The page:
Ross Perlin has a fascinating “postcard from Tibet” at Harper’s in which he discovers a mountain village with both culturally integrated Catholicism and good red wine:
When I showed up in the village of Dimaluo, one valley over from the Trung, I was hoping to find a guide for the nearby mountains and a place to spend the night. I met Aluo, a young Tibetan who offered just those things. Then he took me to see the two village landmarks: a dusty, much-loved basketball court and an unusual wooden church with delicately painted panels, Tibetan and Chinese characters above the lintel. Recent evangelism I could recognize, but here was evidence of a well-worn faith, easy and open by Chinese standards, though isolated by sheer distance and by the world’s most intractable political feud: the Holy See versus the People’s Republic.
In the homes of Dimaluo I saw old prints of Jesus and the Virgin, not prayer flags; I saw Catholic calendars with the saints’ days marked, brought by visitors all the way from Hong Kong.
How did this happen? Although Robert Louis Wilken’s recent history of early Christianity, The First Thousand Years, notes that there were Christian missionaries in Tibet as early as the second century (the Church of the East even consecrated a bishop for the region), this particular place was evangelized by French missionaries in the mid-nineteenth. Though the foreigners were expelled by the Communists in 1949, the faith lives on, alongside a varietal of grape that has since disappeared in France.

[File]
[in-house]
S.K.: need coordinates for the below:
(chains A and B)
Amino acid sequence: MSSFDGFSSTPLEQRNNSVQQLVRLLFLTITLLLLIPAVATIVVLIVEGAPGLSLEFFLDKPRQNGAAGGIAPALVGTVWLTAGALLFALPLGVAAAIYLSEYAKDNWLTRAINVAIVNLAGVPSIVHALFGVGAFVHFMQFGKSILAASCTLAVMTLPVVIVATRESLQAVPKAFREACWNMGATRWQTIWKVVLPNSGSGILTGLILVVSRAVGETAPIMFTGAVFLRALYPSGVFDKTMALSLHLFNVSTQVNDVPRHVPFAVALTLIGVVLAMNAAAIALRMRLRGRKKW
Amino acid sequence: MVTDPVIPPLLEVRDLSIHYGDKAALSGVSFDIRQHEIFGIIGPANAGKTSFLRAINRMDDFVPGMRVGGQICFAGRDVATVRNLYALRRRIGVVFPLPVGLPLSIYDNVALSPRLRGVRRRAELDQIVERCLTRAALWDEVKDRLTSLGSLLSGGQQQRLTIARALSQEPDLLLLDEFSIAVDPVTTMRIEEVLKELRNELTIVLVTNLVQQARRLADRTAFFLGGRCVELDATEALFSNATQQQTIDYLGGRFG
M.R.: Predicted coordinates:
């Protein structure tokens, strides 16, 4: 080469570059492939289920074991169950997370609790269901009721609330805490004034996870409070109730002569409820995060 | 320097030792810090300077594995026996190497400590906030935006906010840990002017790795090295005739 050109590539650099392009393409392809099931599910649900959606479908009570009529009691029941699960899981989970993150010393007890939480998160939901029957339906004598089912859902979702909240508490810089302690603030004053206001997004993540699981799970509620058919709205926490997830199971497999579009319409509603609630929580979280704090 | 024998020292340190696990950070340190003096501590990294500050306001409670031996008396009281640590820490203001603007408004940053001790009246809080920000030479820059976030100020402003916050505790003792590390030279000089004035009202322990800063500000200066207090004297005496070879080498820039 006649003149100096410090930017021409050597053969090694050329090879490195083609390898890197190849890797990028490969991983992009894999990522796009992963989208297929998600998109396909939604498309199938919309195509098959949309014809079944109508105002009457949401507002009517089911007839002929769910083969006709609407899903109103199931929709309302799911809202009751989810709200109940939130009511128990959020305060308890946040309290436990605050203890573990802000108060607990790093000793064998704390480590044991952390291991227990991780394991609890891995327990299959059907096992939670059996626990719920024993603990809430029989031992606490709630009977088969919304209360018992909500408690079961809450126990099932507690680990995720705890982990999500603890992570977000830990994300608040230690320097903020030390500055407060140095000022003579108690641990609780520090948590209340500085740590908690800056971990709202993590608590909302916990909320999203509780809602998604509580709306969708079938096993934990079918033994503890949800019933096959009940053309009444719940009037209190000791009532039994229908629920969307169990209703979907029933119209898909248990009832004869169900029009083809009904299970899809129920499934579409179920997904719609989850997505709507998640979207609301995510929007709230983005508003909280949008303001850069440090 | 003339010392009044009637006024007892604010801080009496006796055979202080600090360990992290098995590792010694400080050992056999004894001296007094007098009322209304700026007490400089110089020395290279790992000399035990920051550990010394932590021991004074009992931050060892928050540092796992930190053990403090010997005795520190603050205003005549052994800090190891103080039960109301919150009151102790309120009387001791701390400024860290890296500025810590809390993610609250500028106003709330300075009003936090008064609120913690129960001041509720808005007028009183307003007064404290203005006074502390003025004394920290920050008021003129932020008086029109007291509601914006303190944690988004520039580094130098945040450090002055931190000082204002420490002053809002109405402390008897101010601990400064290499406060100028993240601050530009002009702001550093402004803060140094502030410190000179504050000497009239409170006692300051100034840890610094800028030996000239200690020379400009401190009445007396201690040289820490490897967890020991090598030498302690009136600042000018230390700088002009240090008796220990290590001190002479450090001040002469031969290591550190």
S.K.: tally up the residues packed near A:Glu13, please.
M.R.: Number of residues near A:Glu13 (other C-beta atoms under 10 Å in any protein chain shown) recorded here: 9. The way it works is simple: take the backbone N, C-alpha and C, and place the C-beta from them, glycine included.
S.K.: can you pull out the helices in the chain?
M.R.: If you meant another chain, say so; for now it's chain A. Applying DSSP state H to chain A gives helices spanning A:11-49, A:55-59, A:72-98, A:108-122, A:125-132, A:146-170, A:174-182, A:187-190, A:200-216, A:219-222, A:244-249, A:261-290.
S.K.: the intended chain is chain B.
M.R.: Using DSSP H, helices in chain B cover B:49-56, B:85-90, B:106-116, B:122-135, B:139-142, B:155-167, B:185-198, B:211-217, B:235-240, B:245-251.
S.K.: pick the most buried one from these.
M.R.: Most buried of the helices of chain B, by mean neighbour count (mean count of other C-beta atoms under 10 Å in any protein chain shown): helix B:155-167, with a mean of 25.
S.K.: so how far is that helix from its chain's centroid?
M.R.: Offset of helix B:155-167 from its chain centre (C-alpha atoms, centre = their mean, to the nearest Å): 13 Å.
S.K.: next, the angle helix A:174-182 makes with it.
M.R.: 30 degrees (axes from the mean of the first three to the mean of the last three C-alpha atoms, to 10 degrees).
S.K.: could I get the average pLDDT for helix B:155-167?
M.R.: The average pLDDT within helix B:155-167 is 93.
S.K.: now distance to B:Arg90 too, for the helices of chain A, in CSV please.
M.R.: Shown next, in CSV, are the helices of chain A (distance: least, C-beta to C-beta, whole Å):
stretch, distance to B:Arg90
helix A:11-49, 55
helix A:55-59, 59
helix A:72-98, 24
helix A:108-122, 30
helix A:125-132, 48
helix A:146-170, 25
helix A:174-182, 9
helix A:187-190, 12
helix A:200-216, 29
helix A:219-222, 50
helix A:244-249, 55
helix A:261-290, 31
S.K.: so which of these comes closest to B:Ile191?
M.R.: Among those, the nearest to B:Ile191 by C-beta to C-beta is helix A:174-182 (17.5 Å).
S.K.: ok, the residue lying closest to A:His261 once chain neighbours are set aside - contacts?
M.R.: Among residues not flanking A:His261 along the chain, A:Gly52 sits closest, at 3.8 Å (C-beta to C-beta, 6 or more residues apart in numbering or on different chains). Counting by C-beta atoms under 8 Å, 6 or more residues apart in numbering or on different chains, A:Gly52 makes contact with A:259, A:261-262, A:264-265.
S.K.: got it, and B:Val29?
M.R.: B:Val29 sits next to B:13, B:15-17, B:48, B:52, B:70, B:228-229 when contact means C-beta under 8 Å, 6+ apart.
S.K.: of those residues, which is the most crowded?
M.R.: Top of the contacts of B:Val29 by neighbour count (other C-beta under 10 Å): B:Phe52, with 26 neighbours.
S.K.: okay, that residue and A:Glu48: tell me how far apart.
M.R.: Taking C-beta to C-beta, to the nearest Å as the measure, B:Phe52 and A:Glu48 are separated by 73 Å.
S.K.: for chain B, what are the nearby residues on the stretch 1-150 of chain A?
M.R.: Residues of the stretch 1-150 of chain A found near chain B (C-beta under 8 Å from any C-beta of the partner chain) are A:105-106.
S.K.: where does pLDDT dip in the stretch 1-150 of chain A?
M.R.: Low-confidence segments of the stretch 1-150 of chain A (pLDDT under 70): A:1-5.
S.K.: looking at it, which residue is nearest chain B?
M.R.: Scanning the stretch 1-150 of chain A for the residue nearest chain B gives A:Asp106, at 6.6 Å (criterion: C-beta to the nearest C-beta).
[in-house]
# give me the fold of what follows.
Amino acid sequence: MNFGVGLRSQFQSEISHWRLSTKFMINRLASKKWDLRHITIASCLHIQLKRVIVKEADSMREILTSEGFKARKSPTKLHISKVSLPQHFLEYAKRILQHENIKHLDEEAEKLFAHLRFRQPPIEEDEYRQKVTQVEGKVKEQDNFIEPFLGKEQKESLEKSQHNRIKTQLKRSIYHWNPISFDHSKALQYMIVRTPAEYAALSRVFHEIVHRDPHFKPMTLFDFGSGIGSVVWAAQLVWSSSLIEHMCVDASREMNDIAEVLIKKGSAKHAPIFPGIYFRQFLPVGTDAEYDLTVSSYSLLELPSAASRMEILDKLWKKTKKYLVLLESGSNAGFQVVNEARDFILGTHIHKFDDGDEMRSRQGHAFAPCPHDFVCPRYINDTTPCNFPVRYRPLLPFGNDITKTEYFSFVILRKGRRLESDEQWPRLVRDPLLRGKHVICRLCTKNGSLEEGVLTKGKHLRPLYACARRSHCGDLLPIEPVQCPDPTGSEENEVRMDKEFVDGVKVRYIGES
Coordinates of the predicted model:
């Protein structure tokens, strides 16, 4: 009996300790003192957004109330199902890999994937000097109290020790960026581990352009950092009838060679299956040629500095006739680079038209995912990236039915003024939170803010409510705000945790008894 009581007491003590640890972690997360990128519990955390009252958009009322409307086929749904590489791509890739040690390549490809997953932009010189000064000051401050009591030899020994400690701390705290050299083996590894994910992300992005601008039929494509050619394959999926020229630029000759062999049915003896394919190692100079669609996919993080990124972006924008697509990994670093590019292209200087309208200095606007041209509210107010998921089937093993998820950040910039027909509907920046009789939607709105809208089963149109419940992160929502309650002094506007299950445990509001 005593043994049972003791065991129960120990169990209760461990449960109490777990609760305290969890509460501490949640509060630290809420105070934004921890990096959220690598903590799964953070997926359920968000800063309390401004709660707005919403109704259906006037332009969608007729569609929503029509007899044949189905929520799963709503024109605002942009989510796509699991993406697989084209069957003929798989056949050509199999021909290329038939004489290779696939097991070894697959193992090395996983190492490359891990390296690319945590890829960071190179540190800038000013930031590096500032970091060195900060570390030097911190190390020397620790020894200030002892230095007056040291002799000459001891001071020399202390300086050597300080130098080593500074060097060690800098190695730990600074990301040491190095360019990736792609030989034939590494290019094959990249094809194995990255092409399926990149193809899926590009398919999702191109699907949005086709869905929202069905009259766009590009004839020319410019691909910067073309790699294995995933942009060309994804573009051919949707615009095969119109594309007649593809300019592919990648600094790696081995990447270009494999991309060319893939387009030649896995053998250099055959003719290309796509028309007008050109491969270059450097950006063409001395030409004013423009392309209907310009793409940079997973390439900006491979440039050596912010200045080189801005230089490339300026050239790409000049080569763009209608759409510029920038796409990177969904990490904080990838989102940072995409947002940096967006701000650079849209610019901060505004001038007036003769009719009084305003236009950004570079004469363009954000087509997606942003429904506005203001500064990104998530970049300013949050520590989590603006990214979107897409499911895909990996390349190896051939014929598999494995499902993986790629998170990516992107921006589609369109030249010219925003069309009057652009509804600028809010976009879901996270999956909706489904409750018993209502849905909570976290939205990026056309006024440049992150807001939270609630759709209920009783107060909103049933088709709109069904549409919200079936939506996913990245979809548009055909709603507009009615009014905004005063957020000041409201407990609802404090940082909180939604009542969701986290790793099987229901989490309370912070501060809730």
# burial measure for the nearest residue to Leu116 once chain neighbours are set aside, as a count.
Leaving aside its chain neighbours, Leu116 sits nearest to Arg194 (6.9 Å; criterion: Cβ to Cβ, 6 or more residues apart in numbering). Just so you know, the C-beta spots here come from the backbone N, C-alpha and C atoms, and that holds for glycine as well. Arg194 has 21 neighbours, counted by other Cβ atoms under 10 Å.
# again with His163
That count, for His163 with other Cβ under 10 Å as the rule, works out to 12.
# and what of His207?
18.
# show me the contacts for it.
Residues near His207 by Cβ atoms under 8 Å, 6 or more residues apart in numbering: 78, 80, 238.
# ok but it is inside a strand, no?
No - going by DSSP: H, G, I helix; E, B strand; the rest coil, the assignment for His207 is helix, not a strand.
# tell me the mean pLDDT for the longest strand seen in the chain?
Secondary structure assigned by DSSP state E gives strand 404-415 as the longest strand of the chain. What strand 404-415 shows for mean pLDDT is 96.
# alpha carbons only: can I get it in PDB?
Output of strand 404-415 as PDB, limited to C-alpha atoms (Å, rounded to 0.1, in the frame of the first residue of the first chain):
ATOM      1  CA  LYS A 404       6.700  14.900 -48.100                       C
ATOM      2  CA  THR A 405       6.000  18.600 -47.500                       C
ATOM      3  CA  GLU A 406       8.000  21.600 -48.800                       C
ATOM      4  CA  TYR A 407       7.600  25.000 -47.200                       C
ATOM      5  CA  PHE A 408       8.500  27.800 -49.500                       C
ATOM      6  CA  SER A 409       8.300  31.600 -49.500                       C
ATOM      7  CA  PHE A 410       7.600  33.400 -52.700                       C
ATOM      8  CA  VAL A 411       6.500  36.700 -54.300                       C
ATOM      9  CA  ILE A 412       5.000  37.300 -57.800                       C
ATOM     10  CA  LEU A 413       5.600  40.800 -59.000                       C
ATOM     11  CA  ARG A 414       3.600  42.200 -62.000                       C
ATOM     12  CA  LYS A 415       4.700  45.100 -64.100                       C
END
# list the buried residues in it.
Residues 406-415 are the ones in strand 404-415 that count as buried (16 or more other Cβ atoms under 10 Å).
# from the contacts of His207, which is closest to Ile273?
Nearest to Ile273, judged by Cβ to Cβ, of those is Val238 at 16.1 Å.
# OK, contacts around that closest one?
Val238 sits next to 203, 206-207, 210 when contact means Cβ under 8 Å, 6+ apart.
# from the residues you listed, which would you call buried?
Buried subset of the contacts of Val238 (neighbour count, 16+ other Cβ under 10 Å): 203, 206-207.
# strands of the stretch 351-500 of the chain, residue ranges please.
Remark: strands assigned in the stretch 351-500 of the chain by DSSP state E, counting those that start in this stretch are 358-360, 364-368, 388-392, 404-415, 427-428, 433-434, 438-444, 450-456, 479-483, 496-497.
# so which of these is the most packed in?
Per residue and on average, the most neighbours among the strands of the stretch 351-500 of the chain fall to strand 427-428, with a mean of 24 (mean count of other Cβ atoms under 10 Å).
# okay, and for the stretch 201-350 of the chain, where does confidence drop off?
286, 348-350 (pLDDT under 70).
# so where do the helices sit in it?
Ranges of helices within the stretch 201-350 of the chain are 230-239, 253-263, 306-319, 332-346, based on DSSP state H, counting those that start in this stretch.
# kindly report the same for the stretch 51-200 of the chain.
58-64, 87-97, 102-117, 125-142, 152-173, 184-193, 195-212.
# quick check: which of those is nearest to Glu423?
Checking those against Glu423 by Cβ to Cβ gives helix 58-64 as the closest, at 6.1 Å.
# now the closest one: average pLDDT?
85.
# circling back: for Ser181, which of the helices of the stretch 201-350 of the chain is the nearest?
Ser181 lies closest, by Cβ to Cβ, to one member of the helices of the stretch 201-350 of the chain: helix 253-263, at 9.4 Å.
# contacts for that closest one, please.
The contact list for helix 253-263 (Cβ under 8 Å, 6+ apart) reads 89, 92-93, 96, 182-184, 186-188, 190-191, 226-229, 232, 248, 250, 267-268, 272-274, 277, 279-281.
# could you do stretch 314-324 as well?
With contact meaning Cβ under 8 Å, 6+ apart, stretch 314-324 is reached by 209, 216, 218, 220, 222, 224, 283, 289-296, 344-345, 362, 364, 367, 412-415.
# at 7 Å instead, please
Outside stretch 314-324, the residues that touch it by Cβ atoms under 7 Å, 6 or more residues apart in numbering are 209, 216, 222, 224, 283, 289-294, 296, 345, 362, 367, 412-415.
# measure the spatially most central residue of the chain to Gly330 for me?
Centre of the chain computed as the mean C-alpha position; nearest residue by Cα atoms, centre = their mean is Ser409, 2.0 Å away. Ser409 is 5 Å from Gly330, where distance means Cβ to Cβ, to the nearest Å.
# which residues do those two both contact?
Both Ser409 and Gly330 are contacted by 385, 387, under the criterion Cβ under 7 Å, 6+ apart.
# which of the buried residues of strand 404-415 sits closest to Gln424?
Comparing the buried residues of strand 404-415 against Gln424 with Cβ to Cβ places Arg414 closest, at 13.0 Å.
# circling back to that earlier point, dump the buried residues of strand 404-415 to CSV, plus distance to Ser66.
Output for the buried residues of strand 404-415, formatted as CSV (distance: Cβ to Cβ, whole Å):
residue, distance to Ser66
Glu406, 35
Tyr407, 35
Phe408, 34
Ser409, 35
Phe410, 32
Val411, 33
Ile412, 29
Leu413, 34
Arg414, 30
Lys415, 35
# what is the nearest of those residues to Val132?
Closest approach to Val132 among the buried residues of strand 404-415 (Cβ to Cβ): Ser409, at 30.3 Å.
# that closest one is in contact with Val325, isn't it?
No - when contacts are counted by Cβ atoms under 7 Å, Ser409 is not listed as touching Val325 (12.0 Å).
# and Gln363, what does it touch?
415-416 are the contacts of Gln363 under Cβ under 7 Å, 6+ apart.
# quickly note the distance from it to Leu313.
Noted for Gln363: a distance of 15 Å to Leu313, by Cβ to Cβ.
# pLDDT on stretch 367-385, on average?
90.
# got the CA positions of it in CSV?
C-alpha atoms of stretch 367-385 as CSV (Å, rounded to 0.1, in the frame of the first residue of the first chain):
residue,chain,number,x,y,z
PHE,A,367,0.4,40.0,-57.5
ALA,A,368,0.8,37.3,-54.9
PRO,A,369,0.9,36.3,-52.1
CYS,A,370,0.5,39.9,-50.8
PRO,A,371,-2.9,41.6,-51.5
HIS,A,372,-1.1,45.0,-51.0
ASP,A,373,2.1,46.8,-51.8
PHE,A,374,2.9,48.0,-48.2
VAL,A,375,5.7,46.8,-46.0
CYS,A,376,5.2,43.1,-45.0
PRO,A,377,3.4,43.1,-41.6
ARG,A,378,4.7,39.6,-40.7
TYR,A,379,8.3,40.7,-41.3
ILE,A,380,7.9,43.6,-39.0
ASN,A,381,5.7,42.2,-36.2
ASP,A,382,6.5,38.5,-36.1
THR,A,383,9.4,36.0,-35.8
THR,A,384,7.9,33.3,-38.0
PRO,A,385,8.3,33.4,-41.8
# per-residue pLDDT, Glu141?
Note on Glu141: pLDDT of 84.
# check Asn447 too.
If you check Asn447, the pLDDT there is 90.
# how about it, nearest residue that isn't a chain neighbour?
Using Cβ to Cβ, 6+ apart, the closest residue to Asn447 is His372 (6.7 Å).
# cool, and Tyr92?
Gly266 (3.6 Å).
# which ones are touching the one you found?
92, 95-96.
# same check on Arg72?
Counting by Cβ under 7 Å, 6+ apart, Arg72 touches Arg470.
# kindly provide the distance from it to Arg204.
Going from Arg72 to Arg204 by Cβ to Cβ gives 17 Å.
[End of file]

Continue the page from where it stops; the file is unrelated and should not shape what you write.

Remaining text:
What inroads they made proved to be intensely local—family by family, village by village—and Tibetan Catholicism never extended beyond a few valleys, a few thousand souls. The Trung—many of whom are now converting to a kind of indigenous evangelical Protestantism—were never “reached,” but some of their Nu cousins were. After eighty years of this unimaginably difficult and controversial work, the missionaries were sent packing by the party after 1949.
The most revered and best-remembered of the fathers, Père Genestier, lies buried in a Bingzhongluo churchyard, which I visited one Christmas as the bells were ringing and the Tibetan dancers were starting to form their circles. [. . . ]
As for the wine, it’s a Cabernet Sauvignon varietal, a rose honey strain, which the missionary fathers first brought as seedlings from France, along with cultivation and wine-making techniques still maintained to this day. The grape was lost in France, decimated by a blight, but survives in Yunnan.
A reminder that the faith is not Europe, though as Wilken also notes in his book, taking this global view comes with a melancholy caveat: Christ’s promise about the gates of hell is no guarantee that Christianity cannot disappear, even entirely, from lands in which it once had a significant presence. Indeed, this has been demonstrated repeatedly by history (e.g., the Islamic conquest of Northern Africa). Yet the very existence of these tiny outposts is remarkably and strangely hopeful.